The Groundwater Survey and Development Agency (GSDA) is planning to set up a museum to display the evolution of numerous equipment used in drawing water, including the traditional ones, used in rural and urban areas. Once ready, the agency aims to throw open the museum to the public, especially school and college students.
Currently, the GSDA officials are retrieving and collecting outdated instruments for the museum.
“In India, we have poor archival habits. We are trying to trace the evolution of numerous instruments, like water drawing pumps and other machinery, that were once in demand. This will make the young generation aware of the transitions and also inform the young people about the varieties,” Shekhar Gaikwad, director, GSDA, told The Indian Express.
One of the star attractions is the first truck used to dig a borewell in the state that now stands parked at the entrance to the GSDA premises.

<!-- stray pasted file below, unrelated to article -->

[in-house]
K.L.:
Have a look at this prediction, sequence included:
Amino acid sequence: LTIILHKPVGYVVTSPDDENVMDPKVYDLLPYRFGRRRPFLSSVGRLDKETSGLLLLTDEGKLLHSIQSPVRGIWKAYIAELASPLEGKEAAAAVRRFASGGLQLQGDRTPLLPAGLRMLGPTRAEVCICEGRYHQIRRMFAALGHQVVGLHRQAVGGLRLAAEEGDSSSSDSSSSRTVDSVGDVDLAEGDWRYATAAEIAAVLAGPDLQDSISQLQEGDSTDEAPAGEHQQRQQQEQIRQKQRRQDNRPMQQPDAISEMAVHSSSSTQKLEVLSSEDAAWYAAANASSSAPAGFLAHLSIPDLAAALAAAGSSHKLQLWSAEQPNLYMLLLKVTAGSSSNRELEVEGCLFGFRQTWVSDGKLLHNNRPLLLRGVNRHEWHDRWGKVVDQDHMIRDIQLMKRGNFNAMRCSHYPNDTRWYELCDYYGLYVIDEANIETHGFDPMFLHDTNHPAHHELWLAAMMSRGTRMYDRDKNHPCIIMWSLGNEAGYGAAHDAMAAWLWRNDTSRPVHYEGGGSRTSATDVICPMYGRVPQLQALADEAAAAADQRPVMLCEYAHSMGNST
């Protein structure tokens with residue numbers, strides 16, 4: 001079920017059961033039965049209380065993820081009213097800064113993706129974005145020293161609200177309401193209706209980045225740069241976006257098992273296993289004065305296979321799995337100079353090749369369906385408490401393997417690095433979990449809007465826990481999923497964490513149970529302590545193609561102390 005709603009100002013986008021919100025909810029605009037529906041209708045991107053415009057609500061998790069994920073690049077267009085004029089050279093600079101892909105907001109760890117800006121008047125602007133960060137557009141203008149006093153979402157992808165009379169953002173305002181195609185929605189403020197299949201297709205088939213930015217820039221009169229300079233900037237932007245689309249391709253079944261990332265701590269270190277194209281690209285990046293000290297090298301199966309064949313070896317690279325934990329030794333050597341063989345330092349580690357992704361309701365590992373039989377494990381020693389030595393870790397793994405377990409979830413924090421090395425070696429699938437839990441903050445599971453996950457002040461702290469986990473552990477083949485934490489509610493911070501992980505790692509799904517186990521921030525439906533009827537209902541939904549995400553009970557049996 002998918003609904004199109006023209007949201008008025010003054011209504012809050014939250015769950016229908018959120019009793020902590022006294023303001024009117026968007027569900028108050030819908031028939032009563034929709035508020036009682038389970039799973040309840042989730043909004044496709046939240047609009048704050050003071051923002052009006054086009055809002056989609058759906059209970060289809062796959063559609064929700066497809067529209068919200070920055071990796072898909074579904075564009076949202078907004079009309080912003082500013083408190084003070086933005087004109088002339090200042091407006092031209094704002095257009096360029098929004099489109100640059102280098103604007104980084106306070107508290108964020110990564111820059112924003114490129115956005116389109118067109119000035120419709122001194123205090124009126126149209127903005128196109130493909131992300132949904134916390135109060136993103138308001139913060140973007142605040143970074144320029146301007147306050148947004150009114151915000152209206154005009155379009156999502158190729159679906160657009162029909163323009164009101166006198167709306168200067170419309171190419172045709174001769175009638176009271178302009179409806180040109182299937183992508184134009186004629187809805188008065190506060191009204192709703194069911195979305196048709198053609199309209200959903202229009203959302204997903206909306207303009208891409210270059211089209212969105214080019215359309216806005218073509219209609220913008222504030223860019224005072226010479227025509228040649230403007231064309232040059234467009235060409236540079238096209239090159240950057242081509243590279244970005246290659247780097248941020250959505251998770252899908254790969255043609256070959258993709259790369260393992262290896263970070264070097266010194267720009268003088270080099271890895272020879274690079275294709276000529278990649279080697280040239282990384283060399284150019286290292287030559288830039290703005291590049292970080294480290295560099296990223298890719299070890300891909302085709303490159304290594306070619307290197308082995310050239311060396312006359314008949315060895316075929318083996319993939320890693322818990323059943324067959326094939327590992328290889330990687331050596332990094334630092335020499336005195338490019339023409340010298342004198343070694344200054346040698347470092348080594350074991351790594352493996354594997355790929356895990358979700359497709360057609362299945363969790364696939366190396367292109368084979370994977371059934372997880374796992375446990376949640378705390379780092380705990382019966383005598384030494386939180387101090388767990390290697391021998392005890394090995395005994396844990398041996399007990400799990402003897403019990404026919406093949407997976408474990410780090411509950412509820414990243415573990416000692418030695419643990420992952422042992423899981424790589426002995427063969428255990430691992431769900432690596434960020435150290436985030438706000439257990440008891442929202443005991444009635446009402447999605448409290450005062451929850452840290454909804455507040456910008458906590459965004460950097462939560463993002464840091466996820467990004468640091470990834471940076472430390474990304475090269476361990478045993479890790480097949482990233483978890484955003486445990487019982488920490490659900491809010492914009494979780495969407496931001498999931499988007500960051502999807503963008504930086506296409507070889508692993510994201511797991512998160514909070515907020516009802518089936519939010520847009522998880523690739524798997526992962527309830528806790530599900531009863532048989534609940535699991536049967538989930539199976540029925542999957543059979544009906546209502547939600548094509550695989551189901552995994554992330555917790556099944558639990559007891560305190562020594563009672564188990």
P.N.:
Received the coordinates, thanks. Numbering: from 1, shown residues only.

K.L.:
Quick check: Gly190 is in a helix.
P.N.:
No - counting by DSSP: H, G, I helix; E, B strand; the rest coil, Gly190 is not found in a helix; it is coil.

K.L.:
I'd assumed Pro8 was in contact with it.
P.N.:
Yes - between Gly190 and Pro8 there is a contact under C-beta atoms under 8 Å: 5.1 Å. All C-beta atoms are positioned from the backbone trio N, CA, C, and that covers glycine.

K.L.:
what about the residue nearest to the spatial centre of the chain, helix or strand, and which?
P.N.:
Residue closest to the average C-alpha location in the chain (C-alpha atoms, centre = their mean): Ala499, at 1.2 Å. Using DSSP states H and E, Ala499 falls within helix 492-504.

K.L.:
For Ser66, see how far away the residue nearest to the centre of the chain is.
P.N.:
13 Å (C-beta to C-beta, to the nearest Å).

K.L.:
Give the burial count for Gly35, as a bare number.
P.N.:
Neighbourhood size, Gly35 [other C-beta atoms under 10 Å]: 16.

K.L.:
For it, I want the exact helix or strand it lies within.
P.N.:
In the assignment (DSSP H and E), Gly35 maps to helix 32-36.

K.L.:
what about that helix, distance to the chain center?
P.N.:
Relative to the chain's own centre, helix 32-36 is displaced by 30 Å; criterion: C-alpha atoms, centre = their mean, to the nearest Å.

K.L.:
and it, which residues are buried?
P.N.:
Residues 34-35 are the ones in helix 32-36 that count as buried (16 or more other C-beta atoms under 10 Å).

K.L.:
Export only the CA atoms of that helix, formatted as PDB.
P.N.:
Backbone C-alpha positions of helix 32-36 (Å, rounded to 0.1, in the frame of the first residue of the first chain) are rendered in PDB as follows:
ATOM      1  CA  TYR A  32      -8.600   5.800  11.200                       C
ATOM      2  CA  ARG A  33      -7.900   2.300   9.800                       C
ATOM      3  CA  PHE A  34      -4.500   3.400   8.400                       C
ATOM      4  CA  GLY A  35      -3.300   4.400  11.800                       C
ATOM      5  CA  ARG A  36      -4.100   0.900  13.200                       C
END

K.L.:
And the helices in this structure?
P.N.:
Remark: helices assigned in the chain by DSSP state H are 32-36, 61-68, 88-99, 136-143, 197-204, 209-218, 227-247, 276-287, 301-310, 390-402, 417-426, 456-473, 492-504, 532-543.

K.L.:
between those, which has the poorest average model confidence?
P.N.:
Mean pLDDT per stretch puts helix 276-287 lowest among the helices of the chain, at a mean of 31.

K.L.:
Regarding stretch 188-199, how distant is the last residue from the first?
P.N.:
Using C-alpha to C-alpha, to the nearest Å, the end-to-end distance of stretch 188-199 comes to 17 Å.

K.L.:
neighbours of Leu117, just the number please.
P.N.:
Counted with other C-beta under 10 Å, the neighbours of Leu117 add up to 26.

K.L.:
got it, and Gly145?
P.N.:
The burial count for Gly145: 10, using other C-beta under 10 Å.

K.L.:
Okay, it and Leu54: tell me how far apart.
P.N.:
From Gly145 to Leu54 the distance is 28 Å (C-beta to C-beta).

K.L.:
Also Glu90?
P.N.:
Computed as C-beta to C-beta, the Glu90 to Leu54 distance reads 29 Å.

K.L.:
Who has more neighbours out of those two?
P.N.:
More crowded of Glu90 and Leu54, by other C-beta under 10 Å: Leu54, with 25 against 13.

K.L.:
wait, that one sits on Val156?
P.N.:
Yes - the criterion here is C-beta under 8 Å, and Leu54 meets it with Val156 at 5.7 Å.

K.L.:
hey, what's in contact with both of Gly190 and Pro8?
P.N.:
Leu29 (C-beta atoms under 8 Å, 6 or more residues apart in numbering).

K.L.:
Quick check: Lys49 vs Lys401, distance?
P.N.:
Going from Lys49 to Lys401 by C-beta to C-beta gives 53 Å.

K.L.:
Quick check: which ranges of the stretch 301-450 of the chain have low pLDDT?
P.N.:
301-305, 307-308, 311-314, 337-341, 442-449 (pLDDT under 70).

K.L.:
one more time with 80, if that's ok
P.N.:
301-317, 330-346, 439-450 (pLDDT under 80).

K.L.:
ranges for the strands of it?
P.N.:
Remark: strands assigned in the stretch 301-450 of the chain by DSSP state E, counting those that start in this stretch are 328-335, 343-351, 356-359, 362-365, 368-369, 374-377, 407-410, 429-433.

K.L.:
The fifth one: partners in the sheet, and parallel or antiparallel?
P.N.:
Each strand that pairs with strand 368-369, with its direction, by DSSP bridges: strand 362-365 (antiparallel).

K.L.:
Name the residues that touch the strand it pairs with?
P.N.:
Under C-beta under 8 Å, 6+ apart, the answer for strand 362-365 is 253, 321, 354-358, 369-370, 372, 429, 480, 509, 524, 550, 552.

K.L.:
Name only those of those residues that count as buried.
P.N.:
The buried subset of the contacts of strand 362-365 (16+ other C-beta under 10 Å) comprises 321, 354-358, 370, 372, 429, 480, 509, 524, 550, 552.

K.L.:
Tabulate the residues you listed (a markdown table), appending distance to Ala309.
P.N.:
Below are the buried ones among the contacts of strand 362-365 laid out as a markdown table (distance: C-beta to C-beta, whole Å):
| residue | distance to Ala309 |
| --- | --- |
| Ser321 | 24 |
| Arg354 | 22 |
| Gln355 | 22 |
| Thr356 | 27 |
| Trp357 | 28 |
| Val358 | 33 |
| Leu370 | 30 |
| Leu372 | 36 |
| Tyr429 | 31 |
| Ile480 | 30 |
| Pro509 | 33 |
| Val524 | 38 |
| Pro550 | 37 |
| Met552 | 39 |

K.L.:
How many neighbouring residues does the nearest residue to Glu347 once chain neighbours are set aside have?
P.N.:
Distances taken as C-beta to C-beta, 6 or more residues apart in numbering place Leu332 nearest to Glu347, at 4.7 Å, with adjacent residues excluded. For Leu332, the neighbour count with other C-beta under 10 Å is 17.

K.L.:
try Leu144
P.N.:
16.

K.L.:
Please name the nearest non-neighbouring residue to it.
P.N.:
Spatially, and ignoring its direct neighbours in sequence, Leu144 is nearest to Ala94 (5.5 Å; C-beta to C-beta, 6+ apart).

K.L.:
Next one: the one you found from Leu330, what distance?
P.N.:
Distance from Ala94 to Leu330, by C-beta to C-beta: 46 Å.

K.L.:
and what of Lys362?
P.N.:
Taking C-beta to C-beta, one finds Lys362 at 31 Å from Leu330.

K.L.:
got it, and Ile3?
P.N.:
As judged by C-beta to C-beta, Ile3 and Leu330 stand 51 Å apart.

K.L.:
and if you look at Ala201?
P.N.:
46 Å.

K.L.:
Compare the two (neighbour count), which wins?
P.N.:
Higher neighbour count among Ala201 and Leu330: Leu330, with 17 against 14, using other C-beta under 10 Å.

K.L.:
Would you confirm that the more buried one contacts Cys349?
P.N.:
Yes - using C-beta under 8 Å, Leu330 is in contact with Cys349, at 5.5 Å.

Since the proposal for setting up the museum was mooted, the main corridor of the GSDA building is lined up with five-seven variants of hand pumps, some as old as thirty years.
“One of these pumps was recovered from a senior government officer’s official bungalow in the city. But we do not have much information about its application and the time when it was in operation,” said the director, pointing at one of the latest hand pumps, a metallic pump two-feet in height.
The GSDA also plans to create space for working models of several water conservation schemes, which the officials hope will not only help create awareness among people but also promote the habit of judicious use of water.
“We will have models of aquifer, Rain Water Harvesting (RWH), bore well rings and many others spread over the premises. It will help the public understand the existing conservation measures and the dire need for actively undertaking it,” said a hydrologist from the GSDA.